Fight over FISA Amendments Act Moves to the Senate, as the House Passes the Broad, Warrantless Spying Bill
Yesterday, the House of Representatives voted to renew the dangerous FISA Amendment Act—which hands the NSA broad, warrantless surveillance powers over Americans’ international communications—for another five years. Sadly, the House refused to add any new oversight powers or privacy protections, despite ample evidence the NSA has used it to unconstitutionally spy on Americans. In fact, Rep. Lamar Smith, the bill’s co-sponsor, would not even allow any amendments to come up for a vote.
The 2008 law was originally passed to push the NSA warrantless wiretapping scandal under the rug. When the correct response was to strengthen American’s privacy protections, Congress instead severely weakened them. The FISA Amendments Act allows the NSA warrantless access to Americans communicating with a “target” overseas as long as the conversation deals with “foreign intelligence information”—a broad term that can mean virtually anything. Nor is the scope of an order narrow: one general court order from a FISA court potentially gives the NSA access to the communications of millions of people for a year. It’s the type of broad, untargeted search the Fourth Amendment was explicitly written to prevent.
Worse, we know the government has taken the powers given to them in this already unconstitutional bill and gone above and beyond them. In 2009, the New York Times reported the NSA was still collecting purely domestic communications in a “significant and systematic” way after the original bill passed in 2008. And it was revealed a couple months ago that the secret FISA court has ruled “on at least one occasion” that the government’s surveillance under the law had violated the Fourth Amendment.
Yet these facts were ignored by many of the representatives supporting the bill. As Cato Institute’s Julian Sanchez documents during the House debate, many made incorrect or false statements claiming the FISA Amendments Act only affects foreigners and not US-based citizens, that there’s no evidence Americans’ communications have been collected under the law, and that there is substantive oversight that prevents the NSA for abusing its powers.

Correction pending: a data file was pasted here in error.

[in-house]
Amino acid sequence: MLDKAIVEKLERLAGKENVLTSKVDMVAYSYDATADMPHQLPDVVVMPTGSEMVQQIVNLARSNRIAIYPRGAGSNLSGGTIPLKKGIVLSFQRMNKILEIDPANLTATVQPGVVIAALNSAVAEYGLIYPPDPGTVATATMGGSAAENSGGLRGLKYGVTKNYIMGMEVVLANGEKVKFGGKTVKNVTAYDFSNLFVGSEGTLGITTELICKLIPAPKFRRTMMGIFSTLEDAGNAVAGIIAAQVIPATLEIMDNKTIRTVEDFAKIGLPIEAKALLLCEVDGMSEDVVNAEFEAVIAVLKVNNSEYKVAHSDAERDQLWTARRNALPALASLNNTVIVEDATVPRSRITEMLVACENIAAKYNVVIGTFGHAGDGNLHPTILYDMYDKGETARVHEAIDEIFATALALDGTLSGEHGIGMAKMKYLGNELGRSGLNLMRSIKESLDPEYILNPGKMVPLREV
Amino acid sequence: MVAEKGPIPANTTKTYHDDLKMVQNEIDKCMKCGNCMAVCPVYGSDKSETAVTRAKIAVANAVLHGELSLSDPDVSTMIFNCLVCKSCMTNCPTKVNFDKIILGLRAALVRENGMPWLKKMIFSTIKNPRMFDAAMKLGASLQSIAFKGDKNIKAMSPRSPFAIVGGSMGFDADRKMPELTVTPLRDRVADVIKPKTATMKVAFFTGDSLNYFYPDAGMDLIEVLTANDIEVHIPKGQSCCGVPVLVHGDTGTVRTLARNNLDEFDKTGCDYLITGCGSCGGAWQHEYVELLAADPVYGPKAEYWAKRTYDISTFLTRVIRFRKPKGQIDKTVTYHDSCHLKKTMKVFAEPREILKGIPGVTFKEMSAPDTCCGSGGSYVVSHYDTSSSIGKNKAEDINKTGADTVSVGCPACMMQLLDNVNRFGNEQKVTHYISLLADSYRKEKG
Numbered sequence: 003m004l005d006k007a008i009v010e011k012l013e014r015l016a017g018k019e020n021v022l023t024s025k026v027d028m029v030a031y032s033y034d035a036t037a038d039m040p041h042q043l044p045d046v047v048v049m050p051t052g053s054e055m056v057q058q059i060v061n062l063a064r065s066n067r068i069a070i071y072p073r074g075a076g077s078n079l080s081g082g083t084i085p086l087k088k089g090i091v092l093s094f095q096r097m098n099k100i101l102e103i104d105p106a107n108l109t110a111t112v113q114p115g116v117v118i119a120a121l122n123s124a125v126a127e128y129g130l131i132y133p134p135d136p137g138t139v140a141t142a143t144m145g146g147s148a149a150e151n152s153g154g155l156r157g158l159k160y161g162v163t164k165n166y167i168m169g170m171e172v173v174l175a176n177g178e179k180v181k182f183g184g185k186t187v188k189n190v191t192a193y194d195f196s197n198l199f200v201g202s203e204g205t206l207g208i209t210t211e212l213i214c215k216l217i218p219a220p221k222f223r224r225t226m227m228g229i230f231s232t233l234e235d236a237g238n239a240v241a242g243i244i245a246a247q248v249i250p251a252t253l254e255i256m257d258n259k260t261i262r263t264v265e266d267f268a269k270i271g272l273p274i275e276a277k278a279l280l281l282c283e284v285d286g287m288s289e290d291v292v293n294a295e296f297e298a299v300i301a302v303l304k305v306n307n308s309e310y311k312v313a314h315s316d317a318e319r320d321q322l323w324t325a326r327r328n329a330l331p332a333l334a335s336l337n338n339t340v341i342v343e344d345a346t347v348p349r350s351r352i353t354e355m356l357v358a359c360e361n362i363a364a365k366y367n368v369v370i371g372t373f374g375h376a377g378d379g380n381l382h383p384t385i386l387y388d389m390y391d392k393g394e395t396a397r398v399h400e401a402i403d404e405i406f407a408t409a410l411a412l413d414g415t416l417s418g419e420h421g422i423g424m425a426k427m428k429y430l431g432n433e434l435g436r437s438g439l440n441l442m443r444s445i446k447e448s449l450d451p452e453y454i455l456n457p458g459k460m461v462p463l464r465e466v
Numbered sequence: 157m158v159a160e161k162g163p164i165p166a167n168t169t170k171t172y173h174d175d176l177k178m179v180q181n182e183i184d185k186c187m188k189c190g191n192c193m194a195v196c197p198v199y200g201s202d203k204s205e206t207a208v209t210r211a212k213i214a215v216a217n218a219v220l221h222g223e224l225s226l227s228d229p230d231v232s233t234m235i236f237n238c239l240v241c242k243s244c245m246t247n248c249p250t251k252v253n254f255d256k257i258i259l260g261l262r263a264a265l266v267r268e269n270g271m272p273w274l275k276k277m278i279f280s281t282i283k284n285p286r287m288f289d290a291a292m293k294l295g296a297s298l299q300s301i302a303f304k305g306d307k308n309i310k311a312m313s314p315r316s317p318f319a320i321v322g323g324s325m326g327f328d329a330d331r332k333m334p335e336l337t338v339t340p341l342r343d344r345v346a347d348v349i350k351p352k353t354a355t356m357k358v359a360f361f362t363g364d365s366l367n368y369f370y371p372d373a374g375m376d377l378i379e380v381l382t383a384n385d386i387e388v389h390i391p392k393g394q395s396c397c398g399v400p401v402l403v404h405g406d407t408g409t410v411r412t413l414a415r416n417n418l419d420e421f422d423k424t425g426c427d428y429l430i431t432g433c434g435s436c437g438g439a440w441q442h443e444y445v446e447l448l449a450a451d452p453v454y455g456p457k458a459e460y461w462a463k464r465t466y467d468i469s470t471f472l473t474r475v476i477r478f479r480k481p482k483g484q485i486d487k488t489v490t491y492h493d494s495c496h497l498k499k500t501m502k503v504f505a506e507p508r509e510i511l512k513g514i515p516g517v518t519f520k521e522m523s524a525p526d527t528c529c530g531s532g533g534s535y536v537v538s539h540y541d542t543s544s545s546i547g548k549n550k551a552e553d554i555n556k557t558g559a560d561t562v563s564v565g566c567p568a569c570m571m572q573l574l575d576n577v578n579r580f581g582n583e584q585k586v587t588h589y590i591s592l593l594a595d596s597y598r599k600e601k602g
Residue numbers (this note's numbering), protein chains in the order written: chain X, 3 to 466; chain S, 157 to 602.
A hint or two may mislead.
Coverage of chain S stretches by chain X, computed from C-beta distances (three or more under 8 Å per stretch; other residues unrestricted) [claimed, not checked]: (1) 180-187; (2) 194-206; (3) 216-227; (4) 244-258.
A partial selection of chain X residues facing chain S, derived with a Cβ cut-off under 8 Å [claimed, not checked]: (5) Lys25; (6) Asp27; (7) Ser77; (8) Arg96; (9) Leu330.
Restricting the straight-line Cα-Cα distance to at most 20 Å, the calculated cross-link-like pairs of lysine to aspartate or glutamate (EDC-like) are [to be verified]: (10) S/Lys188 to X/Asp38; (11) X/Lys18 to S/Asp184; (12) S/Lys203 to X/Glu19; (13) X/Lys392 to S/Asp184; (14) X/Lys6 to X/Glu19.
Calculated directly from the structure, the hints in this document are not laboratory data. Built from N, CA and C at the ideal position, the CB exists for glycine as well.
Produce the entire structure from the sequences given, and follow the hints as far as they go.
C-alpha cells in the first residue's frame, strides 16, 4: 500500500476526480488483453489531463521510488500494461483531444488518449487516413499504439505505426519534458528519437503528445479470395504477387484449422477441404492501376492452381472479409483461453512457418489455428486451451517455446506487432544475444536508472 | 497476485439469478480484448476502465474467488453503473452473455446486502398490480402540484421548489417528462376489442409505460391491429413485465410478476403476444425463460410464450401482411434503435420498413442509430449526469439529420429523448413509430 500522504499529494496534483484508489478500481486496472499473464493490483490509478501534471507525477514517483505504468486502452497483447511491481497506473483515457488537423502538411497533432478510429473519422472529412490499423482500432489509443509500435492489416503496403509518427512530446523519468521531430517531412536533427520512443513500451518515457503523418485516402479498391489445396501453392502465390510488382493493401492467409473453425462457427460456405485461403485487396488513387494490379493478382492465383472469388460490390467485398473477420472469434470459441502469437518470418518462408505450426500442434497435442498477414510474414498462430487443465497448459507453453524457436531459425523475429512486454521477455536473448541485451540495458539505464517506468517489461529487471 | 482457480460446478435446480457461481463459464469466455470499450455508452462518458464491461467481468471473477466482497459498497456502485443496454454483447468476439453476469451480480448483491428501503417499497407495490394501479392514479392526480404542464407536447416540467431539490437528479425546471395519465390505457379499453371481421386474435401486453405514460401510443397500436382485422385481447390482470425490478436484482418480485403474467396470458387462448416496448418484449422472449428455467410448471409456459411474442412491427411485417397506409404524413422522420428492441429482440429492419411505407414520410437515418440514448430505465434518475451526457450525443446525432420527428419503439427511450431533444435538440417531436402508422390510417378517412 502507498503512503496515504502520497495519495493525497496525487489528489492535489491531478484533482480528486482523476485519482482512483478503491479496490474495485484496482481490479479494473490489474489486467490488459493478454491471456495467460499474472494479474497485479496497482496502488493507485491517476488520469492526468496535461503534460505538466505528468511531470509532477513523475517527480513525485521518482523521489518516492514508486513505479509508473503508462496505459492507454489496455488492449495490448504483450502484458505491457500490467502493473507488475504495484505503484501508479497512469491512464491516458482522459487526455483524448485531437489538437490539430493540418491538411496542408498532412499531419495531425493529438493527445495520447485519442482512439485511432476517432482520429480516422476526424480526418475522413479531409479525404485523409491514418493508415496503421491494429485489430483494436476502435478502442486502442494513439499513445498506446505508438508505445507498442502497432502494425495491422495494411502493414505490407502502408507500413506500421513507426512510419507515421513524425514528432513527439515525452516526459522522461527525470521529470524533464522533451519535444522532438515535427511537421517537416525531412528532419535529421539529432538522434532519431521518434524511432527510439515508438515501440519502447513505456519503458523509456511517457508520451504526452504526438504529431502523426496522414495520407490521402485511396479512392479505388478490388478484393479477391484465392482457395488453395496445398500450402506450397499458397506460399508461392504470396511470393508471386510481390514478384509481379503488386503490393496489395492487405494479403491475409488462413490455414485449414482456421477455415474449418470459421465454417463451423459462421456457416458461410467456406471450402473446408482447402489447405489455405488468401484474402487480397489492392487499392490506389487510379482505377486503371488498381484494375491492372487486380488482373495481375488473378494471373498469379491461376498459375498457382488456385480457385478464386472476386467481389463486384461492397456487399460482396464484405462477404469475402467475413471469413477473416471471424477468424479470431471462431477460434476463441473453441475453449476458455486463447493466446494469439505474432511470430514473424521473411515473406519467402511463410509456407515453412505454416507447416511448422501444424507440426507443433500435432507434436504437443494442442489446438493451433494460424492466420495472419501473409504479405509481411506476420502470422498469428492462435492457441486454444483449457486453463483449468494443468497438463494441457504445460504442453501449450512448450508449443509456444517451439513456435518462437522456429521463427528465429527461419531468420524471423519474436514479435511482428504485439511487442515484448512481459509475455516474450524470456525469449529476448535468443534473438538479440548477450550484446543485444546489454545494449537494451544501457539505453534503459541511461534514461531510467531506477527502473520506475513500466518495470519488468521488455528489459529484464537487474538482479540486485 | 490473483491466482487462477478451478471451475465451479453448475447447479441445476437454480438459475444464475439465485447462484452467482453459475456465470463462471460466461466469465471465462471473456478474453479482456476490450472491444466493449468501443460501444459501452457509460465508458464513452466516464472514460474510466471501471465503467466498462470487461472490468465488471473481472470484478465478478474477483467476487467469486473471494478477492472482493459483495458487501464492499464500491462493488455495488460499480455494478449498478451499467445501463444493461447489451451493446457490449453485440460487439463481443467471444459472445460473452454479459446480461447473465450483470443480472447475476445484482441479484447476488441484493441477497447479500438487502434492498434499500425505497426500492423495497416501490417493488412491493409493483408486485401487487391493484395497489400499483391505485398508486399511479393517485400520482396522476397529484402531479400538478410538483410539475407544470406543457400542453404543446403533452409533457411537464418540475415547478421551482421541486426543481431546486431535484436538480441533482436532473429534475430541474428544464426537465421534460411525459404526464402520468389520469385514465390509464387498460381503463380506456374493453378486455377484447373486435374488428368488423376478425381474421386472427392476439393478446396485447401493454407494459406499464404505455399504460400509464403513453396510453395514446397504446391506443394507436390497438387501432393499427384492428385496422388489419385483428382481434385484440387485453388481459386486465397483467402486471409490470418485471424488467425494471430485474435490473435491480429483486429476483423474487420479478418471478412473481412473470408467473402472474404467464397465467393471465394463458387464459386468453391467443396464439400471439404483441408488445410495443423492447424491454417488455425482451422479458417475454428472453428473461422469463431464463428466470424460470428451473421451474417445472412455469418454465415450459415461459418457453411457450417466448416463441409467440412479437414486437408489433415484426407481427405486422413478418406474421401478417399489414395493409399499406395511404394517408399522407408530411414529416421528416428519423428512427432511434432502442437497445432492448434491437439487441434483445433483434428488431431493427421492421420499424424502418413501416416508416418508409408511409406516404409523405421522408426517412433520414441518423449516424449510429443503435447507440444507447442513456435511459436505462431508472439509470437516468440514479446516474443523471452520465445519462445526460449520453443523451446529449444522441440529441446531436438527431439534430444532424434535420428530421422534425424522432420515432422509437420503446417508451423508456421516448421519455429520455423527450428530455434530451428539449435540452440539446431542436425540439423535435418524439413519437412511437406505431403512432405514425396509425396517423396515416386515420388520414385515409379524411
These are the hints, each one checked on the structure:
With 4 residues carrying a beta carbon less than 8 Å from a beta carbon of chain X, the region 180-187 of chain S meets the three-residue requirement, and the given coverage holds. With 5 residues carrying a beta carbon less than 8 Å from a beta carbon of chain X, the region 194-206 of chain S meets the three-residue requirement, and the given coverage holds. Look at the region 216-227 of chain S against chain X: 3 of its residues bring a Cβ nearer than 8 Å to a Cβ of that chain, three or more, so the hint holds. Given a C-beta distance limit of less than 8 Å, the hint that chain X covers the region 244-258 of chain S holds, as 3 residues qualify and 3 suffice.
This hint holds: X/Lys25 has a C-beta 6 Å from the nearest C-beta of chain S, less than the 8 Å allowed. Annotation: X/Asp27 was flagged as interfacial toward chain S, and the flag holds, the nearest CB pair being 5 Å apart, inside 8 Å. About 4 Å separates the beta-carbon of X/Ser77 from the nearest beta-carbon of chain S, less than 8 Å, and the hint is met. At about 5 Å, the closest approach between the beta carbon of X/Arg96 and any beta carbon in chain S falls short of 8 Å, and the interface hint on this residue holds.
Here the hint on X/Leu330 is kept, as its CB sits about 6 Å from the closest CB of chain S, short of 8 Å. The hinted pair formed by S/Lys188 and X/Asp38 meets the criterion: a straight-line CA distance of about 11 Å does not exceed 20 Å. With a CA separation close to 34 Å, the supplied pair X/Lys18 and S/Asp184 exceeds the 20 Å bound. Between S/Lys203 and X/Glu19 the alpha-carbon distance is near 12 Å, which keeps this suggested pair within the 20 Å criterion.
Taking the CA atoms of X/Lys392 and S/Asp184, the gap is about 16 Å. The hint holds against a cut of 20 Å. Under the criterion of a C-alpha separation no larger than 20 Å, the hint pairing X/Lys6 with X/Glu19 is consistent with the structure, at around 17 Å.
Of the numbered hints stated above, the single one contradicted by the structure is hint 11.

Of course, the House could have amended the bill to make those statements true, yet they refused. They could have mandated the government release redacted versions of FISA court opinions, at least one of which we know ruled the NSA was engaged in unconstitutional surveillance. The House could also have forced NSA reveal a general estimate of how many Americans’ privacy have been violated. Or they could have required an individual warrant standard for the American side of the communications. None of these amendments were even were allowed to be voted on.
The fight to stop the warrantless wiretapping of American citizens now moves to the Senate, where just today, a bipartisan group of 13 Senators—led by Sen. Ron Wyden—sent a letter to the NSA demanding answers to a series questions about how many Americans have been illegally spied on, and how they’ll prevent it in the future. Wyden has also commendably put a hold on the bill in the Senate, and he says he will not remove it until the NSA gives the American public more information on its activities.
EFF urges the rest of the Senate to stand up for the Constitution and reject the FISA Amendments Act.
Trevor Timm is an activist at the Electronic Frontier Foundation. He specializes in free speech issues and government transparency. Before joining the EFF, Trevor helped the longtime General Counsel of The New York Times, James Goodale, write a book on the First Amendment. He has also worked for the former President of the ACLU and at The New Yorker. He graduated from Northeastern University and has a J.D. from New York Law School. Trevor also curates the Twitter account @WLLegal that reports on legal news surrounding WikiLeaks, the right to publish classified information, and other freedom of the press issues.